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Airbus A380 a Show Starter in Paris

The new 555-passenger jet kicks off the expo, and the firm announces A350 orders. Boeing counters, saying it plans to boost 787 production.

June 14, 2005|Peter Pae | By Peter Pae Times Staff Writer

PARIS -- The world's largest passenger jet, the Airbus A380, made its first public appearance Monday, doing figure eights in the sky to kick off the Paris Air Show. The flying demonstration of this doubled-decked, 555-passenger jet delivered the first punch in a mega-public relations battle between aerospace titans Airbus and archrival Boeing Co.

Many aerospace firms save their major announcements until the world's largest air show opens, but it has become particularly intense this year because an uptick in international air travel is finally energizing an industry hurt by a travel slowdown after the 2001 terrorist attacks.

On Monday, Qatar Airways said it planned to buy as many as 60 new Airbus A350 mid-size jets. Airbus Chief Executive Noel Forgeard said this meant the company had enough orders to proceed with the A350, its answer to Boeing's new fuel-efficient 787 passenger jet.

Meanwhile, Boeing said demand for its 787 had been so good -- with 266 orders compared with 10 for the A350 before the Qatar announcement -- that it planned to boost the plane's production rate.

"The marketplace could eat up as many [787s] as we could produce," said Mike Bair, program manager for the 787.

Toulouse, France-based Airbus surpassed Boeing in 2003 as the largest commercial plane maker, but Boeing has signed more plane contracts this year, chiefly because of the 787. The 787 -- slated to fly in 2008 -- will largely be built around thin layers of carbon fibers to dramatically cut weight and save as much as 20% a year in fuel costs.

Chicago-based Boeing also announced in Paris that it expected to develop a larger version of its venerable 747 jumbo jet to rival the A380.

These announcements came as a transatlantic trade dispute before the World Trade Organization has fueled the rivalry between the two plane makers, though a resolution isn't expected for years. On Monday in a procedural maneuver, the U.S. and Europe blocked each other's request to have a WTO panel review their complaints of improper government subsidies to the rival airplane makers.

The WTO is expected to take up the matter again June 23.

It is clear, though, that Paris Air Show organizers are pleased to see a larger contingent of Americans here after a de facto boycott by the Pentagon prompted many U.S. defense companies to eliminate, or cut back, their presence at the last show in 2003. At the time, the Pentagon said it was not participating because of the major military operations in Iraq and Afghanistan, but many believed the snub was in response to France's refusal to assist the U.S. in the invasion of Iraq.

Now, with a rebound in the commercial aircraft market, show organizers are expecting to draw 300,000 visitors, exhibitors and industry officials by the time it closes Sunday, compared with 230,000 in 2003.

About 200 planes and helicopters are on display here, alongside aeronautical and military hardware from 41 countries. In addition to dozens of flying demonstrations of the world's most advanced and upcoming aircraft, the Paris show is also the world's largest gathering of aerospace executives, military generals and government officials.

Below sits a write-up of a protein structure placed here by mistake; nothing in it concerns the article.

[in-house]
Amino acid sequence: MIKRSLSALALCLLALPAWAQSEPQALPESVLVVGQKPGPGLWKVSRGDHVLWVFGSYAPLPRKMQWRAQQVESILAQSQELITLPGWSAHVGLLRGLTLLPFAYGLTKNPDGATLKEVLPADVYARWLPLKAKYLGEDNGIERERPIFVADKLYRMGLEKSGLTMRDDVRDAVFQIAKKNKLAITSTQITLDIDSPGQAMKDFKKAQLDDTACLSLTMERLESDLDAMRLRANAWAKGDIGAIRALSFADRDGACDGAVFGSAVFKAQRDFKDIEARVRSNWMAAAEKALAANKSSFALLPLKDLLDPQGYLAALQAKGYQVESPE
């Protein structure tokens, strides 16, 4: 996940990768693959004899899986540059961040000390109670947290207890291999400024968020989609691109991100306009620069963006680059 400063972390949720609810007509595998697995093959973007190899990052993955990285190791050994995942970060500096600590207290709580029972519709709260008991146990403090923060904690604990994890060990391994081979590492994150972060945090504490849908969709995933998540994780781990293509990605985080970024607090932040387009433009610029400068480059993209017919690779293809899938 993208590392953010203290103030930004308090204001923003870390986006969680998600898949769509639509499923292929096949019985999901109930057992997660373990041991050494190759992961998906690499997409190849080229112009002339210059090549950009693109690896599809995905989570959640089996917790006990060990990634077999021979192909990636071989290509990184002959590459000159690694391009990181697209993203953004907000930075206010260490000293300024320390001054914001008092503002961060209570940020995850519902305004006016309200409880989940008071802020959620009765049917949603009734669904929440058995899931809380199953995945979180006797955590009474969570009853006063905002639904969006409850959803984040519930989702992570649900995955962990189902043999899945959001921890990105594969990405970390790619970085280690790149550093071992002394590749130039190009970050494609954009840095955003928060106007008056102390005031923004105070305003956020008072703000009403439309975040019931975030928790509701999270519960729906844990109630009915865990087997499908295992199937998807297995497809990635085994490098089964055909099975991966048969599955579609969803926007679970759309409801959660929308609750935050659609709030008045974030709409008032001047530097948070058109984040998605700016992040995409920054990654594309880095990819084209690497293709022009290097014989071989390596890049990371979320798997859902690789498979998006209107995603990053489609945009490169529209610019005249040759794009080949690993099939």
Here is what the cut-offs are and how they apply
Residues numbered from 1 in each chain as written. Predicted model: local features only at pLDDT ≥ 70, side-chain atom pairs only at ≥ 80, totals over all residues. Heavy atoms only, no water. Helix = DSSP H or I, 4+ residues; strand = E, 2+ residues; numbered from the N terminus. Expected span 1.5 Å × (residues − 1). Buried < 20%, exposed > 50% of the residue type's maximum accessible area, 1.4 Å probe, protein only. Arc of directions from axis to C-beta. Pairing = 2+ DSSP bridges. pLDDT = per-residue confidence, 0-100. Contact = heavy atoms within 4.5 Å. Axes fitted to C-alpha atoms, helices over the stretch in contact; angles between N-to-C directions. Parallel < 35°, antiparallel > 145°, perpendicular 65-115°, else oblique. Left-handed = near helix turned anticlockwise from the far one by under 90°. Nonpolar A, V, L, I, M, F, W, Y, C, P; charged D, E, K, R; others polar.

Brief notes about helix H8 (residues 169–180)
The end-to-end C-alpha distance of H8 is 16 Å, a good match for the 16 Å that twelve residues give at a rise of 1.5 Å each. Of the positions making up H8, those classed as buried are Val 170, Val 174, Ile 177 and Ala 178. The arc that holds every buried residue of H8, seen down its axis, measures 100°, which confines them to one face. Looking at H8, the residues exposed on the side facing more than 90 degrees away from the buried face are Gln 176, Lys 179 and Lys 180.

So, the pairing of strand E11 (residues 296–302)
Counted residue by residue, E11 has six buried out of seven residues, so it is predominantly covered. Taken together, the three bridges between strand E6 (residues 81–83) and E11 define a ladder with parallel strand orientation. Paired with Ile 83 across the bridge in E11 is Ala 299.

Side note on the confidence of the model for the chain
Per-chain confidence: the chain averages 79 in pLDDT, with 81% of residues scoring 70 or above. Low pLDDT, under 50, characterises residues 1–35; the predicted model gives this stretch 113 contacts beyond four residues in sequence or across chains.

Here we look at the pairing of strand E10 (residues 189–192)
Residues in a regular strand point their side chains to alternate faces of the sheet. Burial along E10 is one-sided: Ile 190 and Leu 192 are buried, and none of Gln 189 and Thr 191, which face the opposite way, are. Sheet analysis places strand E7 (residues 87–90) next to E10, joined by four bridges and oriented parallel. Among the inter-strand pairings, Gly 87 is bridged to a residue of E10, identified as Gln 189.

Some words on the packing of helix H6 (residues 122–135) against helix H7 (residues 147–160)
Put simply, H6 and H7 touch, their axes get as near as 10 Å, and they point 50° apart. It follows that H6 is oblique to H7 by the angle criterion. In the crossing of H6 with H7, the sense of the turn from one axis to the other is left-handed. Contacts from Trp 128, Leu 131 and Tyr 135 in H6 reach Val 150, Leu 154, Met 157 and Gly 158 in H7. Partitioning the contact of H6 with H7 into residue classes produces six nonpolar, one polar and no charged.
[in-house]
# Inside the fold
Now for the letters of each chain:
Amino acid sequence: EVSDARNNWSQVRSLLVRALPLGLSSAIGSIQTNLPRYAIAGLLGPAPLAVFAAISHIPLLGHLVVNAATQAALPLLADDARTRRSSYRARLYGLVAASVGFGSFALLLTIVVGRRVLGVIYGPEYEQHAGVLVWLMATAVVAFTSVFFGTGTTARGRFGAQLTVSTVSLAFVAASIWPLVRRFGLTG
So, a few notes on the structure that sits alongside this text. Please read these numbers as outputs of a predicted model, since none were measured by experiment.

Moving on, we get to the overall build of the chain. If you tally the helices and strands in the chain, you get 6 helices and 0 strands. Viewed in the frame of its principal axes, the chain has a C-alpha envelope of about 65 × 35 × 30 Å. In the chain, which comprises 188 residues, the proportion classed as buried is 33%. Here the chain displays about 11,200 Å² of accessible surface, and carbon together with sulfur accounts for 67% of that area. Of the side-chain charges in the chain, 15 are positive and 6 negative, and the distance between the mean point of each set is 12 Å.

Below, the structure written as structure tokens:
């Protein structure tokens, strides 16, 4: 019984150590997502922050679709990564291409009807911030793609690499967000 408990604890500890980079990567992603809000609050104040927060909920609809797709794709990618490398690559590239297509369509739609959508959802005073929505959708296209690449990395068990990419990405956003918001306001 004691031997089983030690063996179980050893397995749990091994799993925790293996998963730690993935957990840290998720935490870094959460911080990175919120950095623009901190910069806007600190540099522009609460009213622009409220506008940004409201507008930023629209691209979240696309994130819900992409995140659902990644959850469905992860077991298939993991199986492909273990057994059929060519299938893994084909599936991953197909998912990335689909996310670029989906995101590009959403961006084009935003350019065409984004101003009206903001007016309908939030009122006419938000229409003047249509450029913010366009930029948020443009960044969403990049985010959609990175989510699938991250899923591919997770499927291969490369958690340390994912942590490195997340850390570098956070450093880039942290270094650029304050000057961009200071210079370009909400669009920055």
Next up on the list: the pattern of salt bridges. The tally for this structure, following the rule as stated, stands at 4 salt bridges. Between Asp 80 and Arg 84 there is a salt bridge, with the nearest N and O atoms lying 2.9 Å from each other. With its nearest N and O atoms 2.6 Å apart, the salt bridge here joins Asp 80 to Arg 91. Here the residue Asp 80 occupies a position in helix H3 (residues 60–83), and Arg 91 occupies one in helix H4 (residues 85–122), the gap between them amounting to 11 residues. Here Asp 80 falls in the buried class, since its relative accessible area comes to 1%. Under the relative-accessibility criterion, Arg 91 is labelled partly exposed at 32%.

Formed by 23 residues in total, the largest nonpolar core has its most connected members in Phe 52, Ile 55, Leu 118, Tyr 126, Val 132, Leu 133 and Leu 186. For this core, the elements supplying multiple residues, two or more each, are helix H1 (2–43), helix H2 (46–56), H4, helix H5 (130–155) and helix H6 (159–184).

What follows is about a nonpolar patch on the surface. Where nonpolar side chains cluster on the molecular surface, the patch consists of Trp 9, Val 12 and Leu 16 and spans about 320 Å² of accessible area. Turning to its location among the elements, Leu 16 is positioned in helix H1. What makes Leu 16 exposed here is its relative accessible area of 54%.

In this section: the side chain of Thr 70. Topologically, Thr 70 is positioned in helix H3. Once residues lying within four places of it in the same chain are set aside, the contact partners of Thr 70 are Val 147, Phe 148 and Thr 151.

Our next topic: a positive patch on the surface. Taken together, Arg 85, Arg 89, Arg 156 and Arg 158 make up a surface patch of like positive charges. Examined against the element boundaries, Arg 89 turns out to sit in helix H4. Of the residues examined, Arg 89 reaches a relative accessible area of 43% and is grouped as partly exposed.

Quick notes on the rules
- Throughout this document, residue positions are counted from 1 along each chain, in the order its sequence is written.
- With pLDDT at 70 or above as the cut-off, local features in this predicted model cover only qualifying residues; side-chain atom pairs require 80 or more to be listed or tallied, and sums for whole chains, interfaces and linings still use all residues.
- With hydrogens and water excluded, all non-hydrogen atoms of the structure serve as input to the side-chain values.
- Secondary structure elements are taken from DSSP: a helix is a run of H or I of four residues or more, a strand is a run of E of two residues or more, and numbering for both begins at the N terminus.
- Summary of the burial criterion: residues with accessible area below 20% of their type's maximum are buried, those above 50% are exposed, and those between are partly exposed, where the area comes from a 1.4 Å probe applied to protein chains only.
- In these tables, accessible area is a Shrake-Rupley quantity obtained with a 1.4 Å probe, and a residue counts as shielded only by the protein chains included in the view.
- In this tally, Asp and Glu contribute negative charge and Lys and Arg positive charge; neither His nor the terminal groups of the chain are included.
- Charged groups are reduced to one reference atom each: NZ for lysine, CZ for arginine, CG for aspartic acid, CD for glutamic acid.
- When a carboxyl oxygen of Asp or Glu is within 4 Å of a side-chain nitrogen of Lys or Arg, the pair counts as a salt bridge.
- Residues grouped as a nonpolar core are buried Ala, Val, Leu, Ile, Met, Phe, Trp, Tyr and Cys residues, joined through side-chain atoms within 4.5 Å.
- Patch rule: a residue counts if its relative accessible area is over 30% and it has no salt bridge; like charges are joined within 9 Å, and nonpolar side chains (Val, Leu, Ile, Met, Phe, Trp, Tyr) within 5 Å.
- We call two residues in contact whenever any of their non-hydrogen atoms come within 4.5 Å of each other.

This year the number of exhibitors, who spend heavily for booths to showcase their products, have topped 1,900, from barely 1,700 in 2003. Major aerospace companies are also spending as much as $250,000 apiece for private bungalows, with meeting rooms and dining tables, to woo potential customers.

Two rows of chalets line the runway at Le Bourget airport, the site of the show, with aircraft parked on the tarmac. Large aerospace companies, such as Boeing and Airbus, have viewing areas on the second floor, similar to private booths at a racetrack, where guests can watch Russian fighter jets do loops in the sky while dining on foie gras.

Richard H. Cater, senior counsel for Alabama's Department of Finance, walked around hoping to drum up some aerospace business for his state.

"It's a unique opportunity to strike up new relationships, revive old ones and tell the story of Alabama," he said while posing for pictures under the tail of the A380, parked after its flight demonstration.

The air show's start also included a display by Dassault Aviation's Rafale combat jet, which spun and did air flips. The French government has ordered 120 Rafales since 1997, but the jet, which competes with Boeing's F-16 combat plane, has yet to win an export order.

But for all the schmoozing, the rival announcements by Boeing and Airbus took center stage.

Randy Baseler, Boeing's vice president of commercial marketing, said that the company expected to launch passenger and freighter versions of a stretched 747 aircraft this year. The plane would have about 450 seats, up from 400, and use the fuel-efficient engines being developed for the 787.

Meanwhile, Qatar Airways' likely order for the A350 was seen as a positive step for Airbus. Orders for the A350 had sharply lagged behind Boeing's 787, and analysts questioned whether Airbus would garner enough orders to launch the aircraft.

"It certainly is a well-needed morale boost for the A350 program," said Jon Kutler, head of U.S. aerospace consulting group Jefferies Quarterdeck.

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Times wire services were used in compiling this report.

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